The role of Government & B-Schools in improving the MBA Education

In the light of movement of India from an agricultural economy to a knowledge economy, there has been a dramatic growth in the importance of MBA education in the country. This is evident in the ever-increasing number of B schools in the country, which touched 5500 in the year 2015-2016. According to a report by the Indian Express, the number of seats in the course has increased by over 40% from 3,60,000 in 2011-12 to 5,20,000 in 2015-16. Further shedding light on the importance of MBA education with India Today, Dr Bakul Dholakia, (former Director General of International Management Institute, New Delhi) remarked that management education leads to the holistic development of an individual by helping them procure skill-sets to adjust to the dynamic challenges being faced by businesses.

While we see the ever-increasing importance of MBA on one hand, on the other hand, we have seen a stark decrease in the employability of these graduates. A study by ASSOCHAM has found that only 7 percent of these graduates are employable with only a handful of others bagging well-paying jobs. This can be attributed to the declining quality of education along with the decrease in campus recruitments owing to economic slowdown from 2014-16.

Management Entrance exams in India

There are over 30 exams which are conducted in India providing admission to various B Schools. With over 2 lakh takers each year, Common Admission Test (CAT) is the most popular exam to seek admission to premier B schools all over the country. The exam is conducted in November and is considered to be the toughest management entrance exams in the world. Other popular exams include Xavier Aptitude Test (XAT), NMAT, Indian Institute of Foreign Trade (IIFT) etc. Moreover, the major disciplines of MBA include Marketing, Finance, Human Resource, Banking and Finance etc. with a largely skewed ratio in the favour of the former two streams.

Analysis of Management education in India

Management education is being imparted in the country through a three tier structure primarily with institutes like IIM’s forming the first tier providing best quality management education in collaboration with foreign universities such as Harvard and MIT. The second tier institutes are affiliated to bodies like All India Management Education. However, we have seen a major increase in the number of institutes belonging to the third tier with affiliation to institutions like All India Council for Technical Education (AICTE) and other bodies like National Board of Accreditation for Education and Training. As per AIMA Journal of Management and Research, a majority of these institutions have mushroomed across the country operating without proper academic standards which results in management graduates being ill prepared to take on managerial positions in organisations. Thus while seeking admission it is essential that the aspirants conduct a complete analysis of the institutions regarding their affiliation.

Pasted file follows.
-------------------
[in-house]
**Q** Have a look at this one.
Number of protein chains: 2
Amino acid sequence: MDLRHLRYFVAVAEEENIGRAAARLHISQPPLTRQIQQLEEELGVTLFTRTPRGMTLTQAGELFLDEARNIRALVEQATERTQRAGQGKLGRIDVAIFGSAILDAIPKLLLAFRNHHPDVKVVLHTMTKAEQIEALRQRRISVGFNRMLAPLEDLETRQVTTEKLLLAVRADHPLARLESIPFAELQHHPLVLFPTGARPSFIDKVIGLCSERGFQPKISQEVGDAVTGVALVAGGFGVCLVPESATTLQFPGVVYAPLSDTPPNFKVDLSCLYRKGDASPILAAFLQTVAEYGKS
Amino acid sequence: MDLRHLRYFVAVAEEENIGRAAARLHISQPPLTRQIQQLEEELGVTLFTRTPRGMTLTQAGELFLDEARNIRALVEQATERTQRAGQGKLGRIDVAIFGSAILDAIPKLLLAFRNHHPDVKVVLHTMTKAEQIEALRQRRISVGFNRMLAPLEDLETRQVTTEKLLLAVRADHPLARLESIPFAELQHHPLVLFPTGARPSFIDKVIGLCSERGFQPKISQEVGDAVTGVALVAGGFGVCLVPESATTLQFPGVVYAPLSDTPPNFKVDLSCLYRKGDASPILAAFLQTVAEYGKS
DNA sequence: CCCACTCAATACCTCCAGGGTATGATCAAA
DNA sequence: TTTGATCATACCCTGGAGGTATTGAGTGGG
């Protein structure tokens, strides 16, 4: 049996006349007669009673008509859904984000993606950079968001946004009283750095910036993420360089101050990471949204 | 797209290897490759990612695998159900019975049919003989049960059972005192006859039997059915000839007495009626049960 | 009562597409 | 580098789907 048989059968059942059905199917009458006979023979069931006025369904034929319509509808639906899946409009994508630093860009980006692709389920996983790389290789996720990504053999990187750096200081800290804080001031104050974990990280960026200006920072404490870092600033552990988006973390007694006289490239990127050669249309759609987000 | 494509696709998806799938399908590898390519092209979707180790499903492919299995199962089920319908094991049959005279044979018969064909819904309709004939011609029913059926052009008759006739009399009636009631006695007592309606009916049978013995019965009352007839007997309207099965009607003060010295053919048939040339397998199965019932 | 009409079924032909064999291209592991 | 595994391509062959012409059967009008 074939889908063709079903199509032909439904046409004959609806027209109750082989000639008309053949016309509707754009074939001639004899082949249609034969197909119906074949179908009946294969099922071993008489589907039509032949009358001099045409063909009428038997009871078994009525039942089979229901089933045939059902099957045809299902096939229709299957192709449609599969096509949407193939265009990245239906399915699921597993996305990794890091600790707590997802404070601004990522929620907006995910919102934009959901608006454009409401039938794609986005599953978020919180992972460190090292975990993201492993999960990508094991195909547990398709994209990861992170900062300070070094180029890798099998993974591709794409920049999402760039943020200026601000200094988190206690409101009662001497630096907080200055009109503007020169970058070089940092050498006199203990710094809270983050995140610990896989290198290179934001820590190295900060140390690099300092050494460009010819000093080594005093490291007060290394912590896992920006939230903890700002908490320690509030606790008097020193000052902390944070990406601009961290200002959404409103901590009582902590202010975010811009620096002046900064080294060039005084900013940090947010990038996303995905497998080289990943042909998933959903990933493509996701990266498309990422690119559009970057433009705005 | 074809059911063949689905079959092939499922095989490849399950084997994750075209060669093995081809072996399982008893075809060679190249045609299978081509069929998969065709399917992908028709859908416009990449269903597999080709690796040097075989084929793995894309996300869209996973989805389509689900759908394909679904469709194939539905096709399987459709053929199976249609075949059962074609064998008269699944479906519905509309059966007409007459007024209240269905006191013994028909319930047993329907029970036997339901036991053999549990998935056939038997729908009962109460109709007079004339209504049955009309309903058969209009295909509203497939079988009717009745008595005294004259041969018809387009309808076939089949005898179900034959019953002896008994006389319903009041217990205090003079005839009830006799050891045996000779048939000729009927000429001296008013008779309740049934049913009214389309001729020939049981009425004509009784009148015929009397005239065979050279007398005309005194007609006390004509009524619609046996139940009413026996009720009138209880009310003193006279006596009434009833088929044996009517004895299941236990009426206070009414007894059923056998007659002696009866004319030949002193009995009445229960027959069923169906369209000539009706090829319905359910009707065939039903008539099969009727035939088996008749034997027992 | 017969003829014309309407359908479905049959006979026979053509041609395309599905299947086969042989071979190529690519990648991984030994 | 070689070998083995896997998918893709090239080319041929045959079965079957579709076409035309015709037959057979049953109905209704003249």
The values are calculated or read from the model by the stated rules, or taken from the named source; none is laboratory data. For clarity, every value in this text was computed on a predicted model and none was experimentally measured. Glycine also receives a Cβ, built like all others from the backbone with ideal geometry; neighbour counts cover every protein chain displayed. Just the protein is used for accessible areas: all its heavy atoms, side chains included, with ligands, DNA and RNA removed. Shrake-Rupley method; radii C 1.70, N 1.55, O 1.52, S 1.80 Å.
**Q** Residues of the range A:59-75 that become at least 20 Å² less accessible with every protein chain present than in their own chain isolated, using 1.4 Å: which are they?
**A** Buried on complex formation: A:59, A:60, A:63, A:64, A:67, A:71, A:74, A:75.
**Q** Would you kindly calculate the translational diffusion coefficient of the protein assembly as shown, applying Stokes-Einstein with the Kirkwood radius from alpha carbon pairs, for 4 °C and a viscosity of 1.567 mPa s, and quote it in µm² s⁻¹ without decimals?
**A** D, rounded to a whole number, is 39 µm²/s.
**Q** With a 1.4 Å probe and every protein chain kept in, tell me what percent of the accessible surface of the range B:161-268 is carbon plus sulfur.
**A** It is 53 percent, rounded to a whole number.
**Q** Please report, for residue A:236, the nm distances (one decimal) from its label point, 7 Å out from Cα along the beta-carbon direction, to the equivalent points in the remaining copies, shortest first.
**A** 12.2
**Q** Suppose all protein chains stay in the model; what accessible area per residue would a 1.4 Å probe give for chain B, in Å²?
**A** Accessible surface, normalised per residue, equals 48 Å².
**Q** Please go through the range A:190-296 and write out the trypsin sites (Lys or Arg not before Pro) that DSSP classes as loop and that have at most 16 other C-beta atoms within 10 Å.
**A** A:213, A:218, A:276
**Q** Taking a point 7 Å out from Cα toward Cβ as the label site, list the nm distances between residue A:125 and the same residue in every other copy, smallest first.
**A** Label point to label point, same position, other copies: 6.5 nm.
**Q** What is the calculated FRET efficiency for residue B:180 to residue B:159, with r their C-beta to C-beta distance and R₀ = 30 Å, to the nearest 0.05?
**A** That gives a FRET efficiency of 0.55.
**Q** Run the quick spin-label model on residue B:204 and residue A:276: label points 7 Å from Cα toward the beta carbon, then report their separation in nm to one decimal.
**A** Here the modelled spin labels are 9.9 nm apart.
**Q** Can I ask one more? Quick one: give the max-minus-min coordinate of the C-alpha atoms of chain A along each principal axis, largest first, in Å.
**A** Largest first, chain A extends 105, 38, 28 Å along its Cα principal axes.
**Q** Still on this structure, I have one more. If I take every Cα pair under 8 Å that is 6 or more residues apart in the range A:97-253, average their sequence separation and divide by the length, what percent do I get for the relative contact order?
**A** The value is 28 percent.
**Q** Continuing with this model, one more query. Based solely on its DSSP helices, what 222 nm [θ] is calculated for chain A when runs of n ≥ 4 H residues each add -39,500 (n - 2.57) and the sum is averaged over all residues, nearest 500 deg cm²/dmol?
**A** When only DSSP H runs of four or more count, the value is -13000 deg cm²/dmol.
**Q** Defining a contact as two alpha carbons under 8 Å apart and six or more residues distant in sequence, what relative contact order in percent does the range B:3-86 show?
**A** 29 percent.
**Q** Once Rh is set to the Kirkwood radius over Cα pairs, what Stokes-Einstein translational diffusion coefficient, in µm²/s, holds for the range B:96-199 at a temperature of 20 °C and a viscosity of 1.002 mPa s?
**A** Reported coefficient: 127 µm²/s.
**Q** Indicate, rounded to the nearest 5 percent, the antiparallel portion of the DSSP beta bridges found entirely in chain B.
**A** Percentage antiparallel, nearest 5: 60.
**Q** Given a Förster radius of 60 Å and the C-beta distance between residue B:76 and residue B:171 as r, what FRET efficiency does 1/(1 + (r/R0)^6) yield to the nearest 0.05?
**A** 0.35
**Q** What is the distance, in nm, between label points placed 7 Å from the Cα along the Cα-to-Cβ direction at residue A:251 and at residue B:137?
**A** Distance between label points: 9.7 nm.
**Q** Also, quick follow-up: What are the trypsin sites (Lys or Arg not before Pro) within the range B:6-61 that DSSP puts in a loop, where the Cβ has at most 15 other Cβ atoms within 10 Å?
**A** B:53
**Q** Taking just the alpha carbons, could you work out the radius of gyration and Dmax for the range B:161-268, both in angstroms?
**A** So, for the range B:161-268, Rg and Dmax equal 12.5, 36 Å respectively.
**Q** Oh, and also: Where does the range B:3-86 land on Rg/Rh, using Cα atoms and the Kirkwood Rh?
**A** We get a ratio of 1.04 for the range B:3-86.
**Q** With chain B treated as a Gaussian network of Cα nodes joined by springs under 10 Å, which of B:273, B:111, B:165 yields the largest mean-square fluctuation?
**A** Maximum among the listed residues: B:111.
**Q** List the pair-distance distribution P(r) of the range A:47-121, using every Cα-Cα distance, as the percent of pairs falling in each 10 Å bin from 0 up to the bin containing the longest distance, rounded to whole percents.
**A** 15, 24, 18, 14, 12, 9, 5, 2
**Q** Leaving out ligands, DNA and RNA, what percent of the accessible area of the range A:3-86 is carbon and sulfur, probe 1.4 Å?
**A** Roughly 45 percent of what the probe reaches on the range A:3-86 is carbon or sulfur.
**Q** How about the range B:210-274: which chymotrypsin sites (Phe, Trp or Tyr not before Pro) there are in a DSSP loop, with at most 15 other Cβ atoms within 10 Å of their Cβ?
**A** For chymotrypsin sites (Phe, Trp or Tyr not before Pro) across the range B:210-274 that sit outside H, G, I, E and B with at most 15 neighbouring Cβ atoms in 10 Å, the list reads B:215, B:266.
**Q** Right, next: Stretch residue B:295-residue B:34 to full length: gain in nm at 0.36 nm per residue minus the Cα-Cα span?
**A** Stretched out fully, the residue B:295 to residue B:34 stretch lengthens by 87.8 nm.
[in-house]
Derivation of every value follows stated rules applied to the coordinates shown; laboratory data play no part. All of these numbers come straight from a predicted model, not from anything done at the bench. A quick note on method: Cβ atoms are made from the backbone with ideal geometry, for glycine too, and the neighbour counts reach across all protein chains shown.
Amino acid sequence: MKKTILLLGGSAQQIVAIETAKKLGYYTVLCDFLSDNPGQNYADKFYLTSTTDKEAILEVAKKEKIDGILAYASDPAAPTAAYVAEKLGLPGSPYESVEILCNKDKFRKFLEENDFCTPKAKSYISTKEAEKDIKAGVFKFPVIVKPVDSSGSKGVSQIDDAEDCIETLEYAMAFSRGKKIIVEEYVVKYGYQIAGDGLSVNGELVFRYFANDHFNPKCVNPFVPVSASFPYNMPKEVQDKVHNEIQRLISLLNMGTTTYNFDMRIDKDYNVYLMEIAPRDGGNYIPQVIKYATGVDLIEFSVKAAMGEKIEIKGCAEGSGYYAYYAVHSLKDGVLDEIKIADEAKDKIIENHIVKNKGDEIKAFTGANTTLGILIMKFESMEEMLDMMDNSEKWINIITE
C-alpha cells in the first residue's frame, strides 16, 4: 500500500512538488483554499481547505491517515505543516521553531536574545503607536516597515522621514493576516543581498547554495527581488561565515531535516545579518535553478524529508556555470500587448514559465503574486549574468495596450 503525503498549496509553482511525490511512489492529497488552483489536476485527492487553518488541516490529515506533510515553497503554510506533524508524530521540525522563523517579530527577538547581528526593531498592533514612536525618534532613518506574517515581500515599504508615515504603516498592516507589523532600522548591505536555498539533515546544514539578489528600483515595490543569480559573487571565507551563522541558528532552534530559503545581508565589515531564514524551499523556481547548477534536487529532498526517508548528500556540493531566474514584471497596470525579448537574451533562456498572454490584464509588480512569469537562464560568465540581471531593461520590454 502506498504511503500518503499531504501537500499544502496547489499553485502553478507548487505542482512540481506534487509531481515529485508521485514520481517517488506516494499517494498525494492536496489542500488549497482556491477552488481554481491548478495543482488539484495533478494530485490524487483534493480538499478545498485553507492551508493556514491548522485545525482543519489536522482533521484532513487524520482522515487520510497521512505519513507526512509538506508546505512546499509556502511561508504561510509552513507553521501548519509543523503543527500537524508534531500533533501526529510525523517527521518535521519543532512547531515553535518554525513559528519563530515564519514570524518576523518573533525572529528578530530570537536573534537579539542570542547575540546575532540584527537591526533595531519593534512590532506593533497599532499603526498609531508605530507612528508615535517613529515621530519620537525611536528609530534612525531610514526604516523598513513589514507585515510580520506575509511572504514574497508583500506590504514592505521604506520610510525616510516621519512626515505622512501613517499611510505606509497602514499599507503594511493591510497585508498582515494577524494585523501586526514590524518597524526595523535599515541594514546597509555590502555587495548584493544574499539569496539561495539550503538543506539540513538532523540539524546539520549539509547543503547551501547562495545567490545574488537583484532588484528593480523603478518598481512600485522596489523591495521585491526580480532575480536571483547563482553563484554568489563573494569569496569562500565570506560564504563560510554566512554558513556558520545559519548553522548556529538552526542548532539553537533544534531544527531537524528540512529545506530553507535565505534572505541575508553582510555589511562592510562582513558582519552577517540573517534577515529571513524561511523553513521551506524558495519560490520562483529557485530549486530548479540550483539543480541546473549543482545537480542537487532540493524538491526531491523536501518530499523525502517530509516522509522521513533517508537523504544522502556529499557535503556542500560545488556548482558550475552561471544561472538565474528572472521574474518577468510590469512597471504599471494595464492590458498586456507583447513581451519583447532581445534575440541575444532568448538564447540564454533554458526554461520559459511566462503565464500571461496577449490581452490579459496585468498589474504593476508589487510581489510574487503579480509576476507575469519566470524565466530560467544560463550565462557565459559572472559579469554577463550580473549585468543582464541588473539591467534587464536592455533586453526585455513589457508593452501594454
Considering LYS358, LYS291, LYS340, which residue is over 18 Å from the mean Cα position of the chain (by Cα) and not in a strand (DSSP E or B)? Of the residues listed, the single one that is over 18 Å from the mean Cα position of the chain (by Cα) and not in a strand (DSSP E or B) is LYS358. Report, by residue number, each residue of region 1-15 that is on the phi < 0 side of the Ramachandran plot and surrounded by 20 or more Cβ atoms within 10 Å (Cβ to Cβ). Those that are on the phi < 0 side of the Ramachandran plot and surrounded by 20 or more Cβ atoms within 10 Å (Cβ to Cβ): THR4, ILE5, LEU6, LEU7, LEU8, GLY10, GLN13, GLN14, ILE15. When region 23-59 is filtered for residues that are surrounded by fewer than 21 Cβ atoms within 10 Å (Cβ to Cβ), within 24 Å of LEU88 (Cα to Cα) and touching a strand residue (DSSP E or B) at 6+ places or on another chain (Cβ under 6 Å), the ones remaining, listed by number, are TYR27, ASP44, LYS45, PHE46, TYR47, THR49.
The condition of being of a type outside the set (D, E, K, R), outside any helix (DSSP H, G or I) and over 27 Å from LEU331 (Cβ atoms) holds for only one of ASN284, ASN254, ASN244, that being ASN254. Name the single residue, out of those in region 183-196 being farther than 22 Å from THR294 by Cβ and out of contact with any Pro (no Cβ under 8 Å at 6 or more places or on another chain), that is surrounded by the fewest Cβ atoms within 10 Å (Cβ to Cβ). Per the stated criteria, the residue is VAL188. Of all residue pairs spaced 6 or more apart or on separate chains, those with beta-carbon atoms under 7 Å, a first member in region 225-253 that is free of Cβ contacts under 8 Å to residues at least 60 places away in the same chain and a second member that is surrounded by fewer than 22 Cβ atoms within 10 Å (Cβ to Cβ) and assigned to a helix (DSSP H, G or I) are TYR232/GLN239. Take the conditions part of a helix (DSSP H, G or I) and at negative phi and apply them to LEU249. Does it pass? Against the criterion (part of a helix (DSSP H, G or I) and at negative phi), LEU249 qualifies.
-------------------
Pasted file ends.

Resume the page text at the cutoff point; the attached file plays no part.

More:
Management Institutions

The education system in India had turned into a business source than an effort to educate the people of the country. The quality of High school education in India is in such a Dreadful state that even the quality of students from IIMs and the IITs become progressively worse.
There are certain institutes that offer one-year post graduation or diploma courses for business administration and some premier institute conduct two-year distance learning MBA program. The students can select the course according to their requirement. India now has become a globally recognized country for running top grade business management schools, and the majority of these schools also conduct distance MBA program. Among them, IIM Ahmadabad, IIT Delhi, IIFT have been considered to be the best in offering online MBA programs in India.

Mr. A.K. Shrivastava, Chairman, Asia-Pacific Institute of Management says, to deliver quality management education on par with global standards, Earlier MBA graduates in India walked from months of agonizing unemployment after graduation. Why is management education failing to deliver? What about the promise to help the graduates secure a fulfilling career? What about the promise of bringing out the nation as a whole out of poverty? Mr. Shrivastava further adds, the main issue is with the depreciating value of MBA or PGDM in India is scarcity versus abundance. There are many business schools that are worst in all Situations and like mushrooms around the country. There is an abundance of in states but an alarming scarcity of quality education.

So, What is the way out?– With economic sentiments improving or at least remaining volatile, there is need to keep abreast with new developments and enhance skills at all levels of management has become very important today. The clue to success is maintaining the quality throughout the process.

Hence the biggest step needs to be taken by the government of India is to allow the education system to function freely, to reap the demographic dividend of its large youth population. Indian management institutes are the only ones with no international participation. It’s Important for B-schools to induct a few international faculties and provide an opportunity to the students to listen to other country’s business culture and systems. Indian Management Institutes must be flexible, innovative and responsive to the dictates of changing the environment. Companies have to adopt colleges, training their faculty and sharing the latest industry knowledge with them. Indian Management Education has to think in the direction of “developing people before developing products.”

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